Restoring balance sheets has been the first order of business for bank executives after the hardest financial crisis in 80 years. But some are now trying to envision what the industry will look like not too far down the road and how they will compete in a radically transformed marketplace.

Accenture recently conducted a global survey of bank executives, private-equity firms and bank analysts, including our own analysis and modeling of fundamentals at 150 banks, to better understand the changes occurring and identify strategies for high performance.

The results were eye-opening. Our research suggests that by 2012 there will be a substantial shakeout in the number of institutions and kinds of growth strategies. There will be fewer multiregional universal banks. While a handful of players will continue to succeed with simplified global universal banking models and economies of scale, many will become specialists at a global level or focus inward to shore up their regional dominance.

In the U.S. market, we expect to see mounting pressure on regional banks and substantial consolidation, particularly in the hardest-hit markets like the Midwest.

Accenture also expects to see far more foreign bank activity in the U.S. by 2012 in markets like Florida and Texas, which should see strong growth as the economy rebounds. Having been less damaged by the global recession than their American peers, many foreign institutions, like the top Canadian banks and several leading Spanish institutions, have the advantage of being comparatively well capitalized, free of the Troubled Asset Relief Program's costs and restrictions and more customer-focused in their business models.

Many foreign banks will look to launch acquisitions from their existing U.S.-based operations. The buying spree will be fueled by an unprecedented investment opportunity: low-cost deposits combined with downside loss protection from the government. This opportunity will also increasingly attract private-equity interest.

For many, the fallout from the current crisis will continue. Many institutions — especially in states like California, Florida, Michigan, Arizona and Georgia — will face survival challenges from increasing commercial loan defaults, credit card delinquencies and foreclosures.

In this Darwinian environment, how will U.S. banks rebuild from their current lows of 4%-5% return on equity toward the 15% ROE that we believe will characterize high-performing banks by 2012? Based upon our research, Accenture has identified four imperatives for rebuilding profitability and competitive advantage over the next three years.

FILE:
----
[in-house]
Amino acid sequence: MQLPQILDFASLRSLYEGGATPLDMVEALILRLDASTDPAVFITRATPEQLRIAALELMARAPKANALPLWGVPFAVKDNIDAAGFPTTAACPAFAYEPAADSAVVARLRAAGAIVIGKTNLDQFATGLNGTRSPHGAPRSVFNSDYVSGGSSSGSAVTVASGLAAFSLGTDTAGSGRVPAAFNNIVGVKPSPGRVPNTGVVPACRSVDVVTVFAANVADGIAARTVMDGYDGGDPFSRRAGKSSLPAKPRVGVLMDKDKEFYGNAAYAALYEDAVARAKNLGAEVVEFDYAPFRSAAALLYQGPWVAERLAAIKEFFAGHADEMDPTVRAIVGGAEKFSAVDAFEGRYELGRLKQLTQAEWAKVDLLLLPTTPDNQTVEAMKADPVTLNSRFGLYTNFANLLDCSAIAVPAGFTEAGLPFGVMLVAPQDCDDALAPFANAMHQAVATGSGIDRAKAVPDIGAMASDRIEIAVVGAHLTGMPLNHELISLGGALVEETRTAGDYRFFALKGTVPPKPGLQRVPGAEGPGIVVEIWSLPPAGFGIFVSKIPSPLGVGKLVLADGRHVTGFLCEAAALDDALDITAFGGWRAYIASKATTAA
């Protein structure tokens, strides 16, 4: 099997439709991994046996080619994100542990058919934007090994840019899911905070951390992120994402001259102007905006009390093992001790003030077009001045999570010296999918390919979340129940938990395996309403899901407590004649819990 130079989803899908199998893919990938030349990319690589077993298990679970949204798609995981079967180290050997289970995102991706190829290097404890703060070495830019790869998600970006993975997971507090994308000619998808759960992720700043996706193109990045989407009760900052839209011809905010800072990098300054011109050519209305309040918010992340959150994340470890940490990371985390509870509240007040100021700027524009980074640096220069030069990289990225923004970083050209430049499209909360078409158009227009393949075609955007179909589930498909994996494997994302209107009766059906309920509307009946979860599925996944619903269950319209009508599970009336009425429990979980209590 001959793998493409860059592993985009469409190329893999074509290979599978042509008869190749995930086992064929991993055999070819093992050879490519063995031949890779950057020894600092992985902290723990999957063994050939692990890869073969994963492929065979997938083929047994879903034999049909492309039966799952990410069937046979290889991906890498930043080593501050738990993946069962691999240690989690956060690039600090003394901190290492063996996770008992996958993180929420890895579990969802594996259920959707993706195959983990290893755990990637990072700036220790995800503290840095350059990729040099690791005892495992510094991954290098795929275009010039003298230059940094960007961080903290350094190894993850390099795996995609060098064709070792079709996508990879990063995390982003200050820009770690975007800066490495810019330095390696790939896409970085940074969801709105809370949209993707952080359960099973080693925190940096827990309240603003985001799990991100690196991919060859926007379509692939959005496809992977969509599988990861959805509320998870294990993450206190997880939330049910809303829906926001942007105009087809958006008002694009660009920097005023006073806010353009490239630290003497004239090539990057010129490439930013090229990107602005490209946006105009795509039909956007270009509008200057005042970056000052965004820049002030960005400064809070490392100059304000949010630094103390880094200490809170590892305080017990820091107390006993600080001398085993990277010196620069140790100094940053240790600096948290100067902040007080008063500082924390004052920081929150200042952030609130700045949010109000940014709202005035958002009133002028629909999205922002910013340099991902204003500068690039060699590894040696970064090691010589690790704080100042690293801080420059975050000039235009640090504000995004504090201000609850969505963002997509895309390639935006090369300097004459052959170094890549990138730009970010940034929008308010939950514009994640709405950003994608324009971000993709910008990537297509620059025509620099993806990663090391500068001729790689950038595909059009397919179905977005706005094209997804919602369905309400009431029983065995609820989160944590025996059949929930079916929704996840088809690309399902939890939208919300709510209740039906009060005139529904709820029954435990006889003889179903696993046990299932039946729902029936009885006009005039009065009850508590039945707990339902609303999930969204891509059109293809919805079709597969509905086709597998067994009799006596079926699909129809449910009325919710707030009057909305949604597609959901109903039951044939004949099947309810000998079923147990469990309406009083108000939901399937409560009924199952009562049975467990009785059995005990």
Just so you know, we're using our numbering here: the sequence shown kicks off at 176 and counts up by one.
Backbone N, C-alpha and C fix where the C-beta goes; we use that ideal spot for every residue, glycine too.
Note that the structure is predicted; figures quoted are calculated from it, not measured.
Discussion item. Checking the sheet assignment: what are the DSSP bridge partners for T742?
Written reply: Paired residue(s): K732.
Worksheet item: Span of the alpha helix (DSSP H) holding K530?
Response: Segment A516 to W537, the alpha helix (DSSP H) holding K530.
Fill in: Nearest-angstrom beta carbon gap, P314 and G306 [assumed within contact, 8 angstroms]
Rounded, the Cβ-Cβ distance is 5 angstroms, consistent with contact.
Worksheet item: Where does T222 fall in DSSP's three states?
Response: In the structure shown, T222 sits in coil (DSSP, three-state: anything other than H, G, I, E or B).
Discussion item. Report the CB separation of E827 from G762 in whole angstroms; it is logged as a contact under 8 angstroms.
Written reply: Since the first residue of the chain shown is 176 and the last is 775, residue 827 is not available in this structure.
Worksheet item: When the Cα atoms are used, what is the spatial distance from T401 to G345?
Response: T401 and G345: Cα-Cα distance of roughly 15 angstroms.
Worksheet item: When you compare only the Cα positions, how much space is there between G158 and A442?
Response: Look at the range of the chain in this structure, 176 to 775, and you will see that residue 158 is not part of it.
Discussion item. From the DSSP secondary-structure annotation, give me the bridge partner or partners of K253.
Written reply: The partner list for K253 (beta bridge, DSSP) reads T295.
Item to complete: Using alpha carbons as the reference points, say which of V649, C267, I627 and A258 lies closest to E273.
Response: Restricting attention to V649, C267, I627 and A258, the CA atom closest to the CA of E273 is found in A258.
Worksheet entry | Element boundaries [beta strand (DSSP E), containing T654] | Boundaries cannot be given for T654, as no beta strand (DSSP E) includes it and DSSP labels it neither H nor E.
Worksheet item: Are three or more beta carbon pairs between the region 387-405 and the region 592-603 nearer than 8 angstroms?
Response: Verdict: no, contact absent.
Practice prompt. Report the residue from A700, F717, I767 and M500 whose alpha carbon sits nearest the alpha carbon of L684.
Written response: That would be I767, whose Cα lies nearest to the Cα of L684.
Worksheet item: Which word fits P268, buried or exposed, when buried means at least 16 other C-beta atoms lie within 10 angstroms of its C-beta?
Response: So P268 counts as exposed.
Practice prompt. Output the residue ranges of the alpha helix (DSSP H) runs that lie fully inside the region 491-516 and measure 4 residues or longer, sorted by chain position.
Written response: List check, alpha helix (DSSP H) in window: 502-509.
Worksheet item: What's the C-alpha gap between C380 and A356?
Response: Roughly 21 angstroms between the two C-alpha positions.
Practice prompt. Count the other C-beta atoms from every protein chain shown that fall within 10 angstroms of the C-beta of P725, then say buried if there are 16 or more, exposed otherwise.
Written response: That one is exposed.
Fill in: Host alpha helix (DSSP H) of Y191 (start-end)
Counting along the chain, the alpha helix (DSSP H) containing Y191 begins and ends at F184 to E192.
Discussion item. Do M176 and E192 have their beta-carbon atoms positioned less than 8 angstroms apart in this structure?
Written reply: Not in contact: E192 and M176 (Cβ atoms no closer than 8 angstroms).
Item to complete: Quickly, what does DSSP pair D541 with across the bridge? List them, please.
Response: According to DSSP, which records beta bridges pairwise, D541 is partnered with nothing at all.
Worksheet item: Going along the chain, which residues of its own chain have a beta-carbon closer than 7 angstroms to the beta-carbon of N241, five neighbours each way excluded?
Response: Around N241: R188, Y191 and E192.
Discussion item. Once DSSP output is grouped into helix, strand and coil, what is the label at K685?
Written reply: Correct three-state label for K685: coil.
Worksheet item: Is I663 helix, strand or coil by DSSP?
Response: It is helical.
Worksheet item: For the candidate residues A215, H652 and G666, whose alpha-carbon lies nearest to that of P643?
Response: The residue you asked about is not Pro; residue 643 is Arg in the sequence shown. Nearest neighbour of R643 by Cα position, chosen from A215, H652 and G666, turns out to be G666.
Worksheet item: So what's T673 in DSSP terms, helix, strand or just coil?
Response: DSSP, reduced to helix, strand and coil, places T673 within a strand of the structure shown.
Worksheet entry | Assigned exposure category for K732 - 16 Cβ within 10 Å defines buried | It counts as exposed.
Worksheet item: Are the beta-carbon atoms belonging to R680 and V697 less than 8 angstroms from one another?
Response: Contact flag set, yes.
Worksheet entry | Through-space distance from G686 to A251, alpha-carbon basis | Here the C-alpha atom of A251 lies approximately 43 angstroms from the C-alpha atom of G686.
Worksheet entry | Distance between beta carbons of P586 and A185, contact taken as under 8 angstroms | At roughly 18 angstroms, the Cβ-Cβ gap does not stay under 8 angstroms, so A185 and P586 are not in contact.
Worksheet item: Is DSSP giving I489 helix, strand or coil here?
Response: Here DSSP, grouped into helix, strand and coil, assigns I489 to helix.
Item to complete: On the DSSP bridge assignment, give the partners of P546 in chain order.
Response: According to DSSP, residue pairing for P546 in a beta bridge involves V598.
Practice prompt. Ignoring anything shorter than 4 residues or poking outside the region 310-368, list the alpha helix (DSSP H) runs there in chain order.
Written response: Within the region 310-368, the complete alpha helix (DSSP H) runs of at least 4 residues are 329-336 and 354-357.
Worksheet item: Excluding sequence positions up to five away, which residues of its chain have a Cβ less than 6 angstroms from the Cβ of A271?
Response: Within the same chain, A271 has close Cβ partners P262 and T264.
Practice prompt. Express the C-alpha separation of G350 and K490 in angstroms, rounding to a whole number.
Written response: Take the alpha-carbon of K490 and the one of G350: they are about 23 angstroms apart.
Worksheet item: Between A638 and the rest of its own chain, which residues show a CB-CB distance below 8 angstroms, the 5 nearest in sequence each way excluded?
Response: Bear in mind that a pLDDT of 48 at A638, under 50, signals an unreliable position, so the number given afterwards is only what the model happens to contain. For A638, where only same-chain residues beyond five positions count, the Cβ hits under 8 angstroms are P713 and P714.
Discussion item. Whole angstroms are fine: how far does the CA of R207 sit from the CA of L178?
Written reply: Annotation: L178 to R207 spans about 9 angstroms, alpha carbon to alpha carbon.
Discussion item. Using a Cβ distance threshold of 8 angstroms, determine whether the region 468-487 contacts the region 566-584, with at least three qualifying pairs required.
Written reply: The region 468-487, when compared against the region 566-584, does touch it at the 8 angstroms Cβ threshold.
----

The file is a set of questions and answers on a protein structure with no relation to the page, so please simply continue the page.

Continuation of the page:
Focus on restoring customer trust and confidence. The principal challenge confronting banks is to overcome the erosion of customer trust and bank reputation. Improving products, pricing, risk management and transparency, simplifying customer offerings and enhancing the customer experience are key.

Attack nonstrategic costs. Banks need to reduce costs by at least 20% from 2008 levels. Beyond straight work-force reductions, the priority must shift to materially improving operating model efficiency.

Most banks continue to have a lot of decentralized costs and siloed organizational functions that can be transitioned into more efficient share services function. Further, banks should focus on an immediate savings gold mine in reducing third-party spending and optimizing procurement functions — from IT to office supplies.

Embrace analytics to drive sales and service. Casting a wider net for potential customers through the online channel and employing analytic technologies across all channels to reach customers with products that suit them has become a business necessity. How many of the same credit card solicitations do the same U.S. consumers receive multiple times from the same institutions each month? Customer analytics and more efficient marketing will not only strip out this sort of waste, they'll drive breakthrough growth. Lessons can be learned from other industries (retail and telecoms, for example) that have successfully developed customer data and analytics capabilities to deliver deeper customer insight and better-targeted marketing.

Integrate risk management throughout the organization. Public-sector intervention will result in clear calls for transparency, stricter corporate governance and more stringent regulatory compliance.

To meet these challenges, risk management will need to be integrated across risk types and business units and embedded deeply within organizational culture. Sophisticated risk analytics will improve predictive management of the loan-loss ratio, while the creation of nonperforming loan "factories" will enable more efficient recovery and collections. The recent government stress tests brought to light the critical need for more sophisticated reporting capabilities and loan portfolio management tools.

The banks that most effectively execute on these imperatives by 2012 will be the industry's high performers.

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